What Influences Physicians' Decisions About Patient Suitability for Biosimilar Infliximab?

Prescribing physicians play a large role in the adoption of biosimilars for the treatment of patients with rheumatic diseases, so it is important to understand physicians’ perceptions of which patients are suitable for treatment with biosimilars in clinical practice.

A study of physicians in the European Union suggests that physicians were more likely to consider rheumatoid arthritis (RA) patients suitable for biosimilar infliximab when,

  • The patients had been in care for a relatively shorter period
  • Had higher disease severity
  • Were more involved in their treatment decisions.

The investigators performed a medical chart review of RA patients of physicians (primarily rheumatologists) in hospitals and private practices in the United Kingdom, France, Germany, Italy, and Spain to collect de-identified data on patient diagnoses, treatment patterns, dynamics, and patient symptomology and disease status. Physicians identified whether patients were suitable for biosimilar infliximab, and if they were, rated how likely they would be to prescribe the product to them when it became available. [Biosimilar infliximab (Inflectra/Remsima) was approved by the EMA in September 2013.] The analysis compared patients who were considered suitable for biosimilar infliximab with those who were not considered suitable per physician judgment, excluding those who previously failed infliximab.

Patients currently on (or discontinued within the past 3 months) a biologic drug and who were visiting each center during the screening period were selected for medical chart review. A total of 1204 patients were included in the analysis, 425 of whom were identified by the physicians as being suitable for biosimilar infliximab. Fifty-five percent of these were rated greater than or equal to 5 and 26% at 4, on their likelihood of being prescribed the infliximab biosimilar (7, extremely likely; 1, not at all likely). The physicians were screened for practice duration and patient volume, and were recruited to be geographically representative.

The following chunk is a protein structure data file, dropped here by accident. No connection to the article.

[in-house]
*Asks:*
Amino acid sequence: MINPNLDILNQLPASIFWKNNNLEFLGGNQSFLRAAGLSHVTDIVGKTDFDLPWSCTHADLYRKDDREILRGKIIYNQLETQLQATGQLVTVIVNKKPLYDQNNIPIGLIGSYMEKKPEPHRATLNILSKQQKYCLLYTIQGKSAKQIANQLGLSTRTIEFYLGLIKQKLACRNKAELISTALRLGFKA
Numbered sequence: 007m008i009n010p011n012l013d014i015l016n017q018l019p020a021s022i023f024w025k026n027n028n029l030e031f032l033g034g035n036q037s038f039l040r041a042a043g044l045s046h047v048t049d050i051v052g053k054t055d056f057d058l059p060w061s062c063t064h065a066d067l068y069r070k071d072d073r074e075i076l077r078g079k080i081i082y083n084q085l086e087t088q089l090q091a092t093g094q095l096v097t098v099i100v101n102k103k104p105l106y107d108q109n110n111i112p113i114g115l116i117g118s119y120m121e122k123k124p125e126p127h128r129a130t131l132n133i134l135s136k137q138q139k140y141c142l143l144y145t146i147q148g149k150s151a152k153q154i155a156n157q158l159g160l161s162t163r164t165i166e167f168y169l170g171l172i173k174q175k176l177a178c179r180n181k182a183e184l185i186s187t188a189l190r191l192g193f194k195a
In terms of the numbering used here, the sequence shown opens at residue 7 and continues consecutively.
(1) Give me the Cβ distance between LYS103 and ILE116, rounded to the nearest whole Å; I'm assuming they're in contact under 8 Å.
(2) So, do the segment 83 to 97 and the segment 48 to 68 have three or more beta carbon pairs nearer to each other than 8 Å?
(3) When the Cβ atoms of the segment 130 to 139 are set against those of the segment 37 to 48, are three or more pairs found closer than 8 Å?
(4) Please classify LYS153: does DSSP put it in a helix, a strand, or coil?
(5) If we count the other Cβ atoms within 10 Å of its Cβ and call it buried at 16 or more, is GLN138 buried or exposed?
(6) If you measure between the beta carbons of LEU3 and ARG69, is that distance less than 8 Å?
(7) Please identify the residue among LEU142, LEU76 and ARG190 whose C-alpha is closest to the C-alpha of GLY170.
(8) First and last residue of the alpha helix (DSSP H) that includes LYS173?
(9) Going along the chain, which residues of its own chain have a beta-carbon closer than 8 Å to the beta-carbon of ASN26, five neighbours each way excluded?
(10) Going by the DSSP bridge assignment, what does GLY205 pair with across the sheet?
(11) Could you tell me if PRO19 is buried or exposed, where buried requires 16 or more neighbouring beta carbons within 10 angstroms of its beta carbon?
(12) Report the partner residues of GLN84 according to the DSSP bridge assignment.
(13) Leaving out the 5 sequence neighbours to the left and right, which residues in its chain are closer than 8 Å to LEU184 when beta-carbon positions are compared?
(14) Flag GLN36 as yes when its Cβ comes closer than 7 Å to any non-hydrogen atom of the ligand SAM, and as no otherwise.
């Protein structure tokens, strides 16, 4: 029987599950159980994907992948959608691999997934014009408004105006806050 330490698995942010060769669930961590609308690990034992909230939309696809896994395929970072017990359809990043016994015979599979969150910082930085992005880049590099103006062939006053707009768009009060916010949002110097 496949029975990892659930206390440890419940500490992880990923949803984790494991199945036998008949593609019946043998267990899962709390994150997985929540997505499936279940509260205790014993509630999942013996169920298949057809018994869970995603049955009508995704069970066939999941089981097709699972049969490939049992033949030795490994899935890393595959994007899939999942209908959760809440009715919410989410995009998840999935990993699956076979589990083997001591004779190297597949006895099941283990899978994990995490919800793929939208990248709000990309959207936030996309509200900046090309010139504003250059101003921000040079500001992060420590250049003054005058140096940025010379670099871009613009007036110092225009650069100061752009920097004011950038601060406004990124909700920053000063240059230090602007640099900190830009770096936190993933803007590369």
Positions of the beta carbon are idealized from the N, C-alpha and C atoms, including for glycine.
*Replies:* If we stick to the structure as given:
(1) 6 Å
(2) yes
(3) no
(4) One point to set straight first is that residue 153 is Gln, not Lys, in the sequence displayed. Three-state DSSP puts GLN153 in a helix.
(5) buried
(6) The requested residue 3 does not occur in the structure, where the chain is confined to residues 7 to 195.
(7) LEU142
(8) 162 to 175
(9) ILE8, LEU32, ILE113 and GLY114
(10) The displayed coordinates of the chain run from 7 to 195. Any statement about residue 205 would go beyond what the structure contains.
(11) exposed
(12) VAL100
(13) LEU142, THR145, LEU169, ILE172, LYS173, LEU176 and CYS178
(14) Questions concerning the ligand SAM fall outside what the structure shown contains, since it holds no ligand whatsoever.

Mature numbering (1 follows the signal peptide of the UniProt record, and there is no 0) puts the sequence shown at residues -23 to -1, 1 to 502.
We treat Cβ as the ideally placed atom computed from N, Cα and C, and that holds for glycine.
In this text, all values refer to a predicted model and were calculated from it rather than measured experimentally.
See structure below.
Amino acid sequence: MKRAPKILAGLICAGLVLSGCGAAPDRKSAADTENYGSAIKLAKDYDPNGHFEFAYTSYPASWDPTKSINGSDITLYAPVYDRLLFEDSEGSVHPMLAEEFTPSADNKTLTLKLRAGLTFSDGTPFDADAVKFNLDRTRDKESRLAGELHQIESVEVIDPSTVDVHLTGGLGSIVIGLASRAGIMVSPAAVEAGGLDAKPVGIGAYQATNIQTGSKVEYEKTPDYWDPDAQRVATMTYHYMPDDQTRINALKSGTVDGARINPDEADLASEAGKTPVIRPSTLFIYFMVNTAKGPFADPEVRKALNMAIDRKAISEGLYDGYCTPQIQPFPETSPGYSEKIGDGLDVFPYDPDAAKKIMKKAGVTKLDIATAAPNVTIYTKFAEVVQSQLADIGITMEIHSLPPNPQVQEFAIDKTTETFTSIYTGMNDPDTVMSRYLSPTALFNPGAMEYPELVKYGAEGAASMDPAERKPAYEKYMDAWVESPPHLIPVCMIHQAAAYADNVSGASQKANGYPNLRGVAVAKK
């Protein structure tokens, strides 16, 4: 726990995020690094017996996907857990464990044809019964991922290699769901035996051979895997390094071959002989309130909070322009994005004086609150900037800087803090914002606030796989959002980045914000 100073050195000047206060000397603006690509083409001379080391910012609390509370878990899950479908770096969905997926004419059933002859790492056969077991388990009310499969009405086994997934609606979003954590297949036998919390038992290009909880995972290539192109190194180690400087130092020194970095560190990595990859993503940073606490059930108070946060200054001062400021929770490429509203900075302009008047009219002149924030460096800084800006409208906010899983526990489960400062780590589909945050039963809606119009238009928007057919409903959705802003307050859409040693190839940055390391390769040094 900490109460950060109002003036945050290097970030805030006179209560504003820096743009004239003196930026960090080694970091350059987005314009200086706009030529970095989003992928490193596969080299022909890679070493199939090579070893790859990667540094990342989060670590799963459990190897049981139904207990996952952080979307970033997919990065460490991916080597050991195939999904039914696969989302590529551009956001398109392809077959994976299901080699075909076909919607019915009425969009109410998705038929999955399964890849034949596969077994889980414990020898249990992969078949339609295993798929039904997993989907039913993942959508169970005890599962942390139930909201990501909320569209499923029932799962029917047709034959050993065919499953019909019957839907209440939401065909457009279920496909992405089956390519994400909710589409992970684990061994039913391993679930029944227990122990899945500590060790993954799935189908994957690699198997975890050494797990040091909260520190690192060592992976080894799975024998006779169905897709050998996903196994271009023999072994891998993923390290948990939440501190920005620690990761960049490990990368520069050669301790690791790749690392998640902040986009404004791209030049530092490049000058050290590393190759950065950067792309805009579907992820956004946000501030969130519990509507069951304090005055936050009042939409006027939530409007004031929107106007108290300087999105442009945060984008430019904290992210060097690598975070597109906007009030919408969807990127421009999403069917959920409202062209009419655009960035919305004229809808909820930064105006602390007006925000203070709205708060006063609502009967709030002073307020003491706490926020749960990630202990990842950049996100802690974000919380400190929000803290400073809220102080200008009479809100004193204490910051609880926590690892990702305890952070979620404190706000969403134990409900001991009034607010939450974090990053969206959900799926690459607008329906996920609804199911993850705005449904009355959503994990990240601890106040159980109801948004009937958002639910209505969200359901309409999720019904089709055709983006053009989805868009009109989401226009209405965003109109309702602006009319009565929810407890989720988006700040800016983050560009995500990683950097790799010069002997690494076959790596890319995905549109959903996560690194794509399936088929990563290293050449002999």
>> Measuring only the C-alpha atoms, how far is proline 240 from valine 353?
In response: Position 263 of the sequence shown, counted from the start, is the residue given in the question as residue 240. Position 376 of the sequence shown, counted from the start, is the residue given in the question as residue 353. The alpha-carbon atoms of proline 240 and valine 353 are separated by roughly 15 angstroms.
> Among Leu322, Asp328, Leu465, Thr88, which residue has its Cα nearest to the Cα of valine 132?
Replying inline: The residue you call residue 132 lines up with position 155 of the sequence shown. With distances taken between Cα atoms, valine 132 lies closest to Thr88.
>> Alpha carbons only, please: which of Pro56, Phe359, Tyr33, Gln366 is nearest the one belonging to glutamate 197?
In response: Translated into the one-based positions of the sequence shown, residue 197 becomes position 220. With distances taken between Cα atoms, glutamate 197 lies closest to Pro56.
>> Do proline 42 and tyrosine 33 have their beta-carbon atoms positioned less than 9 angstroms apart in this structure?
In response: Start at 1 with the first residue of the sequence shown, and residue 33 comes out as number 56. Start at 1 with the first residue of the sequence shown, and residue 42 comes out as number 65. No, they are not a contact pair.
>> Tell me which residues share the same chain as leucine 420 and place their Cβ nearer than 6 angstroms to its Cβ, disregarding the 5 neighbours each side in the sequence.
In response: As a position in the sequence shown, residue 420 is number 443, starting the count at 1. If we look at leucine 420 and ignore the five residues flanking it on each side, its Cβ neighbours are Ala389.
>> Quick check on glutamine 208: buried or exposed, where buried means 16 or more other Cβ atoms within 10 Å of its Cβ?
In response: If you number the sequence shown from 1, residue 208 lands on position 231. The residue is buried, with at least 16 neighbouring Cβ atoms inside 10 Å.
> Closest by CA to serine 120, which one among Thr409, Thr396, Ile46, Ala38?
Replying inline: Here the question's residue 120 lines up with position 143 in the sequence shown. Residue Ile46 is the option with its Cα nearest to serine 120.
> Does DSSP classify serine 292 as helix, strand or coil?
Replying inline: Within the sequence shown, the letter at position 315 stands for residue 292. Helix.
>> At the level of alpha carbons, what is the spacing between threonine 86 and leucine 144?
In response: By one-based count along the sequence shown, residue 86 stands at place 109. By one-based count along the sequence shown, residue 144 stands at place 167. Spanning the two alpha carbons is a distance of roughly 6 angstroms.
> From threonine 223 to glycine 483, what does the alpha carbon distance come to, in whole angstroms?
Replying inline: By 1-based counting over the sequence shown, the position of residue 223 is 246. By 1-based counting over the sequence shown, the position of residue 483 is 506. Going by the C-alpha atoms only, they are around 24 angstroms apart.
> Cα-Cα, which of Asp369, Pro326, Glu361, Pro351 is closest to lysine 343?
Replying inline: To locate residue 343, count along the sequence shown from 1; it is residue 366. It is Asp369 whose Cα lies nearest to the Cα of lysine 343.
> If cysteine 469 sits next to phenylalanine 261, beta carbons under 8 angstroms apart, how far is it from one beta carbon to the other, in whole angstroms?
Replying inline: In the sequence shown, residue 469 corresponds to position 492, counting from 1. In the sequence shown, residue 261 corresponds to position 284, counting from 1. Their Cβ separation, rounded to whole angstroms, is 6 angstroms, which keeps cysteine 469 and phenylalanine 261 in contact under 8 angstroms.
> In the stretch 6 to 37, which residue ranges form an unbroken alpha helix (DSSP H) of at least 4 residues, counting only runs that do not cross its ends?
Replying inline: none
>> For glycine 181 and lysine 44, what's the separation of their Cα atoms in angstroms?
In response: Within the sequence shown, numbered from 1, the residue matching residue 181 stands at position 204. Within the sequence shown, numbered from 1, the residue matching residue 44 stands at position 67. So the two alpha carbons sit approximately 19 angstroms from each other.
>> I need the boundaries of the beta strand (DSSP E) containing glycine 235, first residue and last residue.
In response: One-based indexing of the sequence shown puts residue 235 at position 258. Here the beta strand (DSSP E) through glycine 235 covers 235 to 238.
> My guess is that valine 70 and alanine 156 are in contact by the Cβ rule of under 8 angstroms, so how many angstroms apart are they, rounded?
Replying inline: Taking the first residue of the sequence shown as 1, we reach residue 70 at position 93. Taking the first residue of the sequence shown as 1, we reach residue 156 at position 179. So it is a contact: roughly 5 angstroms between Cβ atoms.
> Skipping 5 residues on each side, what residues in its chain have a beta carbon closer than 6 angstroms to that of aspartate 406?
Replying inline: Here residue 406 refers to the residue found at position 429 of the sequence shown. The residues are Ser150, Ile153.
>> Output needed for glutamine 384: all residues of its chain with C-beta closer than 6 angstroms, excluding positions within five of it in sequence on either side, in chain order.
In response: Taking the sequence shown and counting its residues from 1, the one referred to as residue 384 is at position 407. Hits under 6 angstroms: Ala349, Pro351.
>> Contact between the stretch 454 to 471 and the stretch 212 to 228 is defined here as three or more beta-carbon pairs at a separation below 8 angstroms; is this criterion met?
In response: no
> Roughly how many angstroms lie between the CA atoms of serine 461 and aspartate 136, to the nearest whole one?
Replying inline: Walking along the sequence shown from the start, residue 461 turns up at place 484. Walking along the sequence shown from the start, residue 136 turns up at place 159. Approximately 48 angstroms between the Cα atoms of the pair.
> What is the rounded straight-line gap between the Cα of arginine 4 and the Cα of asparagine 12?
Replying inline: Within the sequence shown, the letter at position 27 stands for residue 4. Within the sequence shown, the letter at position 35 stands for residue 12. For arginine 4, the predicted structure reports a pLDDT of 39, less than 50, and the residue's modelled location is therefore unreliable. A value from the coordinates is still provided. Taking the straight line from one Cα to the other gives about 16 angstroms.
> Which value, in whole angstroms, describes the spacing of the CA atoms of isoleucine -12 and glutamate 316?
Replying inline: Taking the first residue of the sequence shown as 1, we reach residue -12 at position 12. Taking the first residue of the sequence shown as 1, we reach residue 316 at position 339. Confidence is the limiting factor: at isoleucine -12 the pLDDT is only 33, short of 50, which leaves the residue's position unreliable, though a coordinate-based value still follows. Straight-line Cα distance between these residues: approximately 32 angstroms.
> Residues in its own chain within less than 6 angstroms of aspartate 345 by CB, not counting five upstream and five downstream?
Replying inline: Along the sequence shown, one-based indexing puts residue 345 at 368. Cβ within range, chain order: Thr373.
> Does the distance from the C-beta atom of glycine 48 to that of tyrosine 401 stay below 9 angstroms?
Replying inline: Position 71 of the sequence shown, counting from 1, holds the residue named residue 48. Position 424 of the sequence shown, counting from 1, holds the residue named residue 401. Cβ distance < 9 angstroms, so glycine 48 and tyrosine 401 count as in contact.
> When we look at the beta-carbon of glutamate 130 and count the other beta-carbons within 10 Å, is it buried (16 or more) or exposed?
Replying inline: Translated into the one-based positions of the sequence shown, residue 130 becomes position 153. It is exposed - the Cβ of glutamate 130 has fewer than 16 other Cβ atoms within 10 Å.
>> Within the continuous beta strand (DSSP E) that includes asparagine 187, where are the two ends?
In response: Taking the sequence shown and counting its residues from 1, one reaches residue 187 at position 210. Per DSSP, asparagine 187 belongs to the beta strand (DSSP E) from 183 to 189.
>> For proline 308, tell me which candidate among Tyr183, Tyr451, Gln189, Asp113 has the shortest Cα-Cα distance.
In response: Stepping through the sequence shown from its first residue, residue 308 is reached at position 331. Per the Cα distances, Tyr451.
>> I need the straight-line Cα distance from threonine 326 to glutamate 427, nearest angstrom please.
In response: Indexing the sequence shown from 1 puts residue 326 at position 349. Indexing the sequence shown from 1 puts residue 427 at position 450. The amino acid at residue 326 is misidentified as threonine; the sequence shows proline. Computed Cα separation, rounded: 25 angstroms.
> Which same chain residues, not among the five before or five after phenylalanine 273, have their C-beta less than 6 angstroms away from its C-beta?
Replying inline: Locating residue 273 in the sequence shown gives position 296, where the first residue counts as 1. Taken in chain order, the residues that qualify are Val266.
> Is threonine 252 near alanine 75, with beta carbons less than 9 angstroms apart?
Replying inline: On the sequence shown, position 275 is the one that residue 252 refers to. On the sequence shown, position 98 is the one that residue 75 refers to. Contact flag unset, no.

The study also concluded that physicians were not “readily prepared to prescribe the biosimilar to all infliximab biosimilar—suitable RA patients,” and the authors recommend studying this issue further to understand the drivers behind physician perception of which RA patients are suitable for treatment with biosimilar infliximab.

Among physicians, concerns about switching patients from Remicade to biosimilar infliximab remain because the approved infliximab biosimilar has not been designated as interchangeable by the FDA. Some studies have suggested that biosimilar switching is not suitable for all patients. For example, a 2016 Spanish study presented at the 2016 European League Against Rheumatism Annual Congress suggested antibody-positive patients being treated with Remicade should not be switched to treatment with the biosimilar infliximab because the antibodies will interact with the new drug and potentially lead to a loss of response. Lead author Daniel Nagore, MD, said, “While most studies show there are no significant differences in clinical response between a biosimilar and the original product, some physicians and patient advocacy groups have expressed concern about how interchangeable they really are, and whether it is safe to switch from the brand name version to the biosimilar.”